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Oregon Gov. Tina Kotek officially signed a new “Right to Repair” law on Wednesday that will make it much easier to repair our stuff—at least in the state of Oregon.

Much of the law follows in the footsteps of Right to Repair legislation passed by New York, Minnesota, and California: Tech companies that sell their products in Oregon will need to allow customers and third-party repair stores to buy things like parts, tools, and schematics for most electronic devices. The law retroactively applies to these devices, as well: It applies to smartphones released on July 1, 2021 and newer, and most other electronic devices sold on or after July 1, 2015. That means, if you live in Oregon, Apple will need to let you buy parts for that MacBook you bought almost nine years ago.

While these impacts alone would be a welcome change, what sets this Oregon law apart from the other three states is that is bans “parts pairing,” a term that describes when companies prevent unauthorized parts from functioning in their devices. Parts pairing can also brick features of your device when these unauthorized parts are installed. We saw this with Apple with the iPhone 13: If you replaced the display with an unauthorized screen, iOS would shut off Face ID. (Apple later reversed course.)

But rather than rely on public backlash to bully companies into doing the right thing, Oregon’s new law will ensure no company selling electronics in the state will be able to take away functionality because a user installs a part they don’t approve of. Unlike the other side of the law, however, parts pairing legislation is not retroactive: It will only apply to devices made after Jan. 1, 2025. So while your existing electronics like phones and laptops can continue employ parts pairing policies, anything you buy in Oregon in 2025 will be banned from doing so.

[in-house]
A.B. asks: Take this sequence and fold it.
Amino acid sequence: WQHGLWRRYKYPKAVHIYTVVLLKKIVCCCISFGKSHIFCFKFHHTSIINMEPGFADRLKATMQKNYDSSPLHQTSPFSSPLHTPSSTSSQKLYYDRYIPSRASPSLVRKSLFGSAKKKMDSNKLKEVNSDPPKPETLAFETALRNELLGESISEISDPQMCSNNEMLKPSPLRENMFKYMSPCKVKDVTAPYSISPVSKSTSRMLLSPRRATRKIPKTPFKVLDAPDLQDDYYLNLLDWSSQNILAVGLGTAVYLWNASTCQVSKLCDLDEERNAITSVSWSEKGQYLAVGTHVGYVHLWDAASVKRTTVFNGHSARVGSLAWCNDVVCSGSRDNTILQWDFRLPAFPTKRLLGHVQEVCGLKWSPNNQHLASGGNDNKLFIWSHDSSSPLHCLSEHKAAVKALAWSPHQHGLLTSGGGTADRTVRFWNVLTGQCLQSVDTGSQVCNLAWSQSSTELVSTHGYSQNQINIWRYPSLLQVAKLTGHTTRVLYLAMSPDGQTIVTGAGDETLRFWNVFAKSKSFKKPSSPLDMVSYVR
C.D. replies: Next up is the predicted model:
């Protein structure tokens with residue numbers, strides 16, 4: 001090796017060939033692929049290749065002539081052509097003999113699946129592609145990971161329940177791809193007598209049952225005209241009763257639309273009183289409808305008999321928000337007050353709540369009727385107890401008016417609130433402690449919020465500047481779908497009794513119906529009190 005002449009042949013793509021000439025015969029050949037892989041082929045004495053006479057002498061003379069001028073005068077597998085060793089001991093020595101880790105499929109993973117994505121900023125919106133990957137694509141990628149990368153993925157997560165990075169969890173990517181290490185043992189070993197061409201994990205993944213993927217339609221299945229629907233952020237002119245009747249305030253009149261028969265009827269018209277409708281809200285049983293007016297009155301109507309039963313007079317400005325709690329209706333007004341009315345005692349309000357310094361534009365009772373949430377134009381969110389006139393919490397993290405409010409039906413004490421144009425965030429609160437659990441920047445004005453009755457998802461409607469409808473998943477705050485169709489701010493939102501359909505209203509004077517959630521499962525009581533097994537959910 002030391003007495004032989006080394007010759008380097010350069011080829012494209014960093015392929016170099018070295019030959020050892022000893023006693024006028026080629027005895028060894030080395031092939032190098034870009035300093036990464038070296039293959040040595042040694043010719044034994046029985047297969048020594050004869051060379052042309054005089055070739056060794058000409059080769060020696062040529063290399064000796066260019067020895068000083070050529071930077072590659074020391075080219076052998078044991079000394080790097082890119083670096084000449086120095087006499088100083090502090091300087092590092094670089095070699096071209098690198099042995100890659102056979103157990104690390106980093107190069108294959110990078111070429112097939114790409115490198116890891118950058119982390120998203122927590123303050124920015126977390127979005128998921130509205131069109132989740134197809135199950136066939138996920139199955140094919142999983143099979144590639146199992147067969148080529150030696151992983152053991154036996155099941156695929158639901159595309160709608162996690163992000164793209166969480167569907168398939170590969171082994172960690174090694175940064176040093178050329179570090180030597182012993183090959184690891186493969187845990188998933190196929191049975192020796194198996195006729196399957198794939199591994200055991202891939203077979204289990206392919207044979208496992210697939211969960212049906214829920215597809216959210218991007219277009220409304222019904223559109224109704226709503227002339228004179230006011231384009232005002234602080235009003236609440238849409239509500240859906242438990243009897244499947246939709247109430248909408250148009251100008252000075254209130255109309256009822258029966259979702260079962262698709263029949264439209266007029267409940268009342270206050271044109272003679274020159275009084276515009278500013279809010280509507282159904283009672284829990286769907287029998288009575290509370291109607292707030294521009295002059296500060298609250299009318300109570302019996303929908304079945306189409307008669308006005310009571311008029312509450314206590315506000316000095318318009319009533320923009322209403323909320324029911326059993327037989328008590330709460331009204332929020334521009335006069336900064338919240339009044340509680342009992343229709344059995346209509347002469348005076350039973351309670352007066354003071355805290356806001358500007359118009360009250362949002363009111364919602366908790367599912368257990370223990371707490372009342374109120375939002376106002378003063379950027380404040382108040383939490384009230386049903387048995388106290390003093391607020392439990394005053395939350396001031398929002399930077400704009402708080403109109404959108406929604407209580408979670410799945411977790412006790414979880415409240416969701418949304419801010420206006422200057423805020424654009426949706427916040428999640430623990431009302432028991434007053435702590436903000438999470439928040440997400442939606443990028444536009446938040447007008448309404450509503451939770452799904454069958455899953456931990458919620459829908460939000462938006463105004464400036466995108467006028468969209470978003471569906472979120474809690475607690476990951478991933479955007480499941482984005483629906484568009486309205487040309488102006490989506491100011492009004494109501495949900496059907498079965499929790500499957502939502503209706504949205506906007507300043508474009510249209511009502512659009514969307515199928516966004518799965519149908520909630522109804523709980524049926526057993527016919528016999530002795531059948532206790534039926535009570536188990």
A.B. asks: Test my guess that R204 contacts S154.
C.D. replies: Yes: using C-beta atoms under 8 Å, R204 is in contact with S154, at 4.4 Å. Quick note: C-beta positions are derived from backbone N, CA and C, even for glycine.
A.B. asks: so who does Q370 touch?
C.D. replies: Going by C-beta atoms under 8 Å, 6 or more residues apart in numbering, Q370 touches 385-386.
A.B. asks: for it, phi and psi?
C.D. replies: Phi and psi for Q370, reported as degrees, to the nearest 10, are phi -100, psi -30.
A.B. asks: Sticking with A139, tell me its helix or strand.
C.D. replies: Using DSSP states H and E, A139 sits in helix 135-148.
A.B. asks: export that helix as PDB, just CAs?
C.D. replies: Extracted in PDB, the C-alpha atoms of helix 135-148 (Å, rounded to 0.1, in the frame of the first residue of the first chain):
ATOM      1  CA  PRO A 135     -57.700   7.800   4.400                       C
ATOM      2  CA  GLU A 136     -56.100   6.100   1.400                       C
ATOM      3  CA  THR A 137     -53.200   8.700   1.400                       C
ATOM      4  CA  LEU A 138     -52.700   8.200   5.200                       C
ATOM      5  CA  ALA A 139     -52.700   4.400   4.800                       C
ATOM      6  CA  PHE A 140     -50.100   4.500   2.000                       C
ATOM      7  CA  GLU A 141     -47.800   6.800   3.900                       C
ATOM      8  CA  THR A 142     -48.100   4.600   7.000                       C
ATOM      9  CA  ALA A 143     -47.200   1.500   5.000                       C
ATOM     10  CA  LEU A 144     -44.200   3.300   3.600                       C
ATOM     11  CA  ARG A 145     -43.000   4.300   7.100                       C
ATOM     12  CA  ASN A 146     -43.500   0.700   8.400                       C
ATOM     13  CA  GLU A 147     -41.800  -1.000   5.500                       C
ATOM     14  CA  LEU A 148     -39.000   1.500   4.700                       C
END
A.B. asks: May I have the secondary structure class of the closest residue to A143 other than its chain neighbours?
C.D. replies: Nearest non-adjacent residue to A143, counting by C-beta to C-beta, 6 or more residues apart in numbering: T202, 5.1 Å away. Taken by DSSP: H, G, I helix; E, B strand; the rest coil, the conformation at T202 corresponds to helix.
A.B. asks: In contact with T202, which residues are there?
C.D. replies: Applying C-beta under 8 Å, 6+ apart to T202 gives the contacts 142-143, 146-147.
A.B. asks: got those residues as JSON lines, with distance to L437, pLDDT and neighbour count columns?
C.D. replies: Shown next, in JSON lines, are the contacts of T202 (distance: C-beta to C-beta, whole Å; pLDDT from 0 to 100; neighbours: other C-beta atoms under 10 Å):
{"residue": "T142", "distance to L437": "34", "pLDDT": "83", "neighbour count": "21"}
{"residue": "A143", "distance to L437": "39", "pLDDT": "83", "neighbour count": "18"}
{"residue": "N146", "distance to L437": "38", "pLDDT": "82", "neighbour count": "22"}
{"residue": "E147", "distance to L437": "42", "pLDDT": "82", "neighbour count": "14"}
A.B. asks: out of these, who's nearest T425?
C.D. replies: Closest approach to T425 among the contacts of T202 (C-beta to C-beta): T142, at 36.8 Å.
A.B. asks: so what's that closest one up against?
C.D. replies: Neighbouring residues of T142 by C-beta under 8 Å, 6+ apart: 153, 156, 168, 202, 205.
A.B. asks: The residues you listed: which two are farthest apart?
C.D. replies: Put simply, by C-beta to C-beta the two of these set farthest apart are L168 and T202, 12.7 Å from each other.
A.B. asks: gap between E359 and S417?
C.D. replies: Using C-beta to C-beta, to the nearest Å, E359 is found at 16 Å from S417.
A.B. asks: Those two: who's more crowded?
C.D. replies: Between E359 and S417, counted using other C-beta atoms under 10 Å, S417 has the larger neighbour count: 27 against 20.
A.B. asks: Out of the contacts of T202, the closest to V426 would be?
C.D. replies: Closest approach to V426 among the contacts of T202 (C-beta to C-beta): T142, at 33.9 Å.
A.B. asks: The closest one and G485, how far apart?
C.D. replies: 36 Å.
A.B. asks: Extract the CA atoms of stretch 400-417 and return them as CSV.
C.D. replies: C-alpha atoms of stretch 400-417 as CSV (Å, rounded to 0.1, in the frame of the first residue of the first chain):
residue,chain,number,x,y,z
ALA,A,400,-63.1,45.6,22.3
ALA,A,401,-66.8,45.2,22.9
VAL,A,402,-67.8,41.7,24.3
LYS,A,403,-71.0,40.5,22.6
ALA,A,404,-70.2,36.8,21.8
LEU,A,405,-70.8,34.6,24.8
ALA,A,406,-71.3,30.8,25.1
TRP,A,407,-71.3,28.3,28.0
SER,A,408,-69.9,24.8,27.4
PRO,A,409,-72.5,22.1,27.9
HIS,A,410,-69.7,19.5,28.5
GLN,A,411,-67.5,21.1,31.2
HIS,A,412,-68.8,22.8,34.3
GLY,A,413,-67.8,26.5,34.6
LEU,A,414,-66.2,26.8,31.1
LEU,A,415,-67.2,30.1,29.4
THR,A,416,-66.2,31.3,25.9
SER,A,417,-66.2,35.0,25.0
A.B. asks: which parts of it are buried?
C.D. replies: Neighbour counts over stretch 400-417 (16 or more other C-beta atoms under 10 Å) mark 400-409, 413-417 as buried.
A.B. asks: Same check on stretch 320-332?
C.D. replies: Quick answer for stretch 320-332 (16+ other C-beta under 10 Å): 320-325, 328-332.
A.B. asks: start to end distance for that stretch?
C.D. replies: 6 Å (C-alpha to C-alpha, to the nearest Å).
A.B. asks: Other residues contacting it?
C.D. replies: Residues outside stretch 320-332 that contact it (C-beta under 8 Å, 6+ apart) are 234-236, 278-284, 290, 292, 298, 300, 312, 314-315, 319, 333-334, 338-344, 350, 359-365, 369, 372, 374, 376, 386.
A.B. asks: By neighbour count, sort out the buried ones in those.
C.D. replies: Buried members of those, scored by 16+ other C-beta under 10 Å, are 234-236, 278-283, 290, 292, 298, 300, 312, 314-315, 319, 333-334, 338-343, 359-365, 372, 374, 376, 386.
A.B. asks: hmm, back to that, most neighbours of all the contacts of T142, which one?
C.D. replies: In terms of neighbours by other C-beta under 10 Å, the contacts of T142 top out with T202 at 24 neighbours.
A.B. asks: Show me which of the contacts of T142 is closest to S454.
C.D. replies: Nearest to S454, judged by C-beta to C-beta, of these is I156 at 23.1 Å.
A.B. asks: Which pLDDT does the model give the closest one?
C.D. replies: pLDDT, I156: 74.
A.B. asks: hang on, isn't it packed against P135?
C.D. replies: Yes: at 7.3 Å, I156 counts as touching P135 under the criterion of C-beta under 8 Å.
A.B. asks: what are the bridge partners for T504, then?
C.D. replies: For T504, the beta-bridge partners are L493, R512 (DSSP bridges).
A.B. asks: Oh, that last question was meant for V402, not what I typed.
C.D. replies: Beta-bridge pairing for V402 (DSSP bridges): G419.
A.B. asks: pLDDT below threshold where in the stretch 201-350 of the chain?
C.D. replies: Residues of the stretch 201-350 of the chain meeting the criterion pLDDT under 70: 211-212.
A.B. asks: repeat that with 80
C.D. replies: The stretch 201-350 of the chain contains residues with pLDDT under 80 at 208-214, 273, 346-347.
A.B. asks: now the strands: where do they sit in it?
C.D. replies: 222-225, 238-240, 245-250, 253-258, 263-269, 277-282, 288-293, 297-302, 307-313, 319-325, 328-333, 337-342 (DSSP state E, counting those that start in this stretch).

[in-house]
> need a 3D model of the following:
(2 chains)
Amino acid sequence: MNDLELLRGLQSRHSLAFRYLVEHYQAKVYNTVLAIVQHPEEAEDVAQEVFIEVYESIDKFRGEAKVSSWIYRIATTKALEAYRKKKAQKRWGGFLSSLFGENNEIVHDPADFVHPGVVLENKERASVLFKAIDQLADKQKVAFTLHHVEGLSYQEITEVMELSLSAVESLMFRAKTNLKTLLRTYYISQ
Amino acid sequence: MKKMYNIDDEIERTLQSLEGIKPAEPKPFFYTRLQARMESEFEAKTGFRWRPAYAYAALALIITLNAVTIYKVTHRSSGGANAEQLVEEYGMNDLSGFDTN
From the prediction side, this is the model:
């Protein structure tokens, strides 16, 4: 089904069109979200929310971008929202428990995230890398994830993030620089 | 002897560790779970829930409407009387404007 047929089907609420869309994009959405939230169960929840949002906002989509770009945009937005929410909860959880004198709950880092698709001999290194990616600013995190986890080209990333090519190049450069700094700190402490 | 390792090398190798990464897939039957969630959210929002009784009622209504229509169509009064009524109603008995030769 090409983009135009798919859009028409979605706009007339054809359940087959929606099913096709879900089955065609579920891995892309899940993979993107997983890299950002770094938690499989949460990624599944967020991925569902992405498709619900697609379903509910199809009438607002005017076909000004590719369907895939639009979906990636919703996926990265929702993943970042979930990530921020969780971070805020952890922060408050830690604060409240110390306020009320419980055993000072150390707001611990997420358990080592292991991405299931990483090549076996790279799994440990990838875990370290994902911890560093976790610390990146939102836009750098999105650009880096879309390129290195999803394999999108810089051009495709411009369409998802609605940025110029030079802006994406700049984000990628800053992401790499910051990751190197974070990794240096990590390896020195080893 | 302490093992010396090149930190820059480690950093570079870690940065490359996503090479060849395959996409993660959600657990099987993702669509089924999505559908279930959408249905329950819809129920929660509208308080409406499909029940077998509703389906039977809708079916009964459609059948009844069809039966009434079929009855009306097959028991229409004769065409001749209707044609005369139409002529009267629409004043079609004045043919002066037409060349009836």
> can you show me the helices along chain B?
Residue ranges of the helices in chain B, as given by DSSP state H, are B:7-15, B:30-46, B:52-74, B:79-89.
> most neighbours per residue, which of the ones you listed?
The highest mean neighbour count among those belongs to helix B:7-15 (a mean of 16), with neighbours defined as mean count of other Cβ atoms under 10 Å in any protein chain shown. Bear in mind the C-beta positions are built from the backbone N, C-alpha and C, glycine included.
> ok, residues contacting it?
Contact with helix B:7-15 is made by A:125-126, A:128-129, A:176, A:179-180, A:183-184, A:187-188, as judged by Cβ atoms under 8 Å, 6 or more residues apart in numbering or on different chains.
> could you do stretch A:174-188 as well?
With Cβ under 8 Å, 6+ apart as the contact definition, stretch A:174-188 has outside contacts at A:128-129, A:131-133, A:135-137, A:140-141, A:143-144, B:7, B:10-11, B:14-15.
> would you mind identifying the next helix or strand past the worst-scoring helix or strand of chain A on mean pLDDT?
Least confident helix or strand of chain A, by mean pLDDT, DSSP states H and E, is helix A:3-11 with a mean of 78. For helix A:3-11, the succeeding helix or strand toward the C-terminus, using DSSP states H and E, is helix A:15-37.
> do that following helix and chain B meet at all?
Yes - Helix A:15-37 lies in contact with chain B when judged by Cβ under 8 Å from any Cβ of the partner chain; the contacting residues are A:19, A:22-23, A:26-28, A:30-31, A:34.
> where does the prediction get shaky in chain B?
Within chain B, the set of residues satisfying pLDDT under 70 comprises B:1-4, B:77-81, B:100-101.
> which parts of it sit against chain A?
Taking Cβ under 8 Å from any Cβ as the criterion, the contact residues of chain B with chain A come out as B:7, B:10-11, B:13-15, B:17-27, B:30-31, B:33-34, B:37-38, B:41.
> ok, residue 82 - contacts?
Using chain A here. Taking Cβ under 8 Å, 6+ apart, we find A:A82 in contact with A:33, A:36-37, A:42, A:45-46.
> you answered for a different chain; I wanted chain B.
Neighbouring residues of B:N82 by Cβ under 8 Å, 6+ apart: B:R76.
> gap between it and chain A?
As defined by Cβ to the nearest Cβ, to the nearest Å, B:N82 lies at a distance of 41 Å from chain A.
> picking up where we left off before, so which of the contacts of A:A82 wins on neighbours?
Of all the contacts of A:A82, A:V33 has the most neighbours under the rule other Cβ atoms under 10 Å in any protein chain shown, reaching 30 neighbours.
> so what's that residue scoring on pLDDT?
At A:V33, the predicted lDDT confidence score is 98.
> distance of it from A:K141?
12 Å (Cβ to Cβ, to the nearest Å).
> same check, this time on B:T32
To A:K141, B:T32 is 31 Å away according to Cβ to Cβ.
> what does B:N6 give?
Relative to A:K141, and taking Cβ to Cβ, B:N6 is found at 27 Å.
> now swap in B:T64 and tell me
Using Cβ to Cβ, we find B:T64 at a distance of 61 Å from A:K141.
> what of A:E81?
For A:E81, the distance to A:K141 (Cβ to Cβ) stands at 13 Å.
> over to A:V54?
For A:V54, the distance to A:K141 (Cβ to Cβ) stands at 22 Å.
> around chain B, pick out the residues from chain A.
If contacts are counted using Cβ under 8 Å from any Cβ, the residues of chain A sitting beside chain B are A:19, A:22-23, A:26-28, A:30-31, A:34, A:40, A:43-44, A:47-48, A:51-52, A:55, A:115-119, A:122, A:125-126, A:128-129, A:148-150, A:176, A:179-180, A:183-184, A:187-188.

What does this mean for repairability?

If you live in Oregon, your ability to repair your own products is improving dramatically—especially with devices you buy next year. But what’s so great about this law is that it doesn’t just apply to the devices we think of when we talk about repairability: It also applies to most electronic devices you own. If your smartwatch breaks, or you can’t seem to clean with your vacuum anymore, those manufacturers need to offer you the option to purchase tools that can fix your devices, rather than force you to buy new ones.

The major exceptions here are medical devices, farm equipment, devices that run on an internal combustion engine (your gas-powered car isn’t covered, unfortunately), or video game consoles. So while Microsoft might not need to worry about helping you repair your Xbox, it will need to offer parts and documentation for your Surface.

Right to Repair is really all about two things: The first is empowering consumers to continue using the devices they paid for. Companies have gotten us too used to abandoning cheap products once they fall apart. If the law makes them offer ways to repair these products, not only will we be able to fix our devices more easily, but we should see companies start to make more durable products as well—at least, that’s the hope.

The second part of the movement, however, tries to put the power in the hands of the consumer when it comes time to repair those devices. Sure, fixing your tech is great, but if it costs an arm and a leg because you’re forced to do it the way the manufacturer wants you to, it’s hardly better than buying something new. Allowing customers and third-party repair shops access to parts and documentation levels the playing field, and makes repairs more affordable for everyone.

As states pass these laws, we’re seeing improvements for everyone: Apple has a self repair program that allows anyone to buy genuine Apple parts and follow instructions for fixing their own products, as does Samsung. They’re far from perfect though: Apple’s program in particular is expensive. Hopefully, the more Right to Repair laws that pass, the more accessible these self repairs become.

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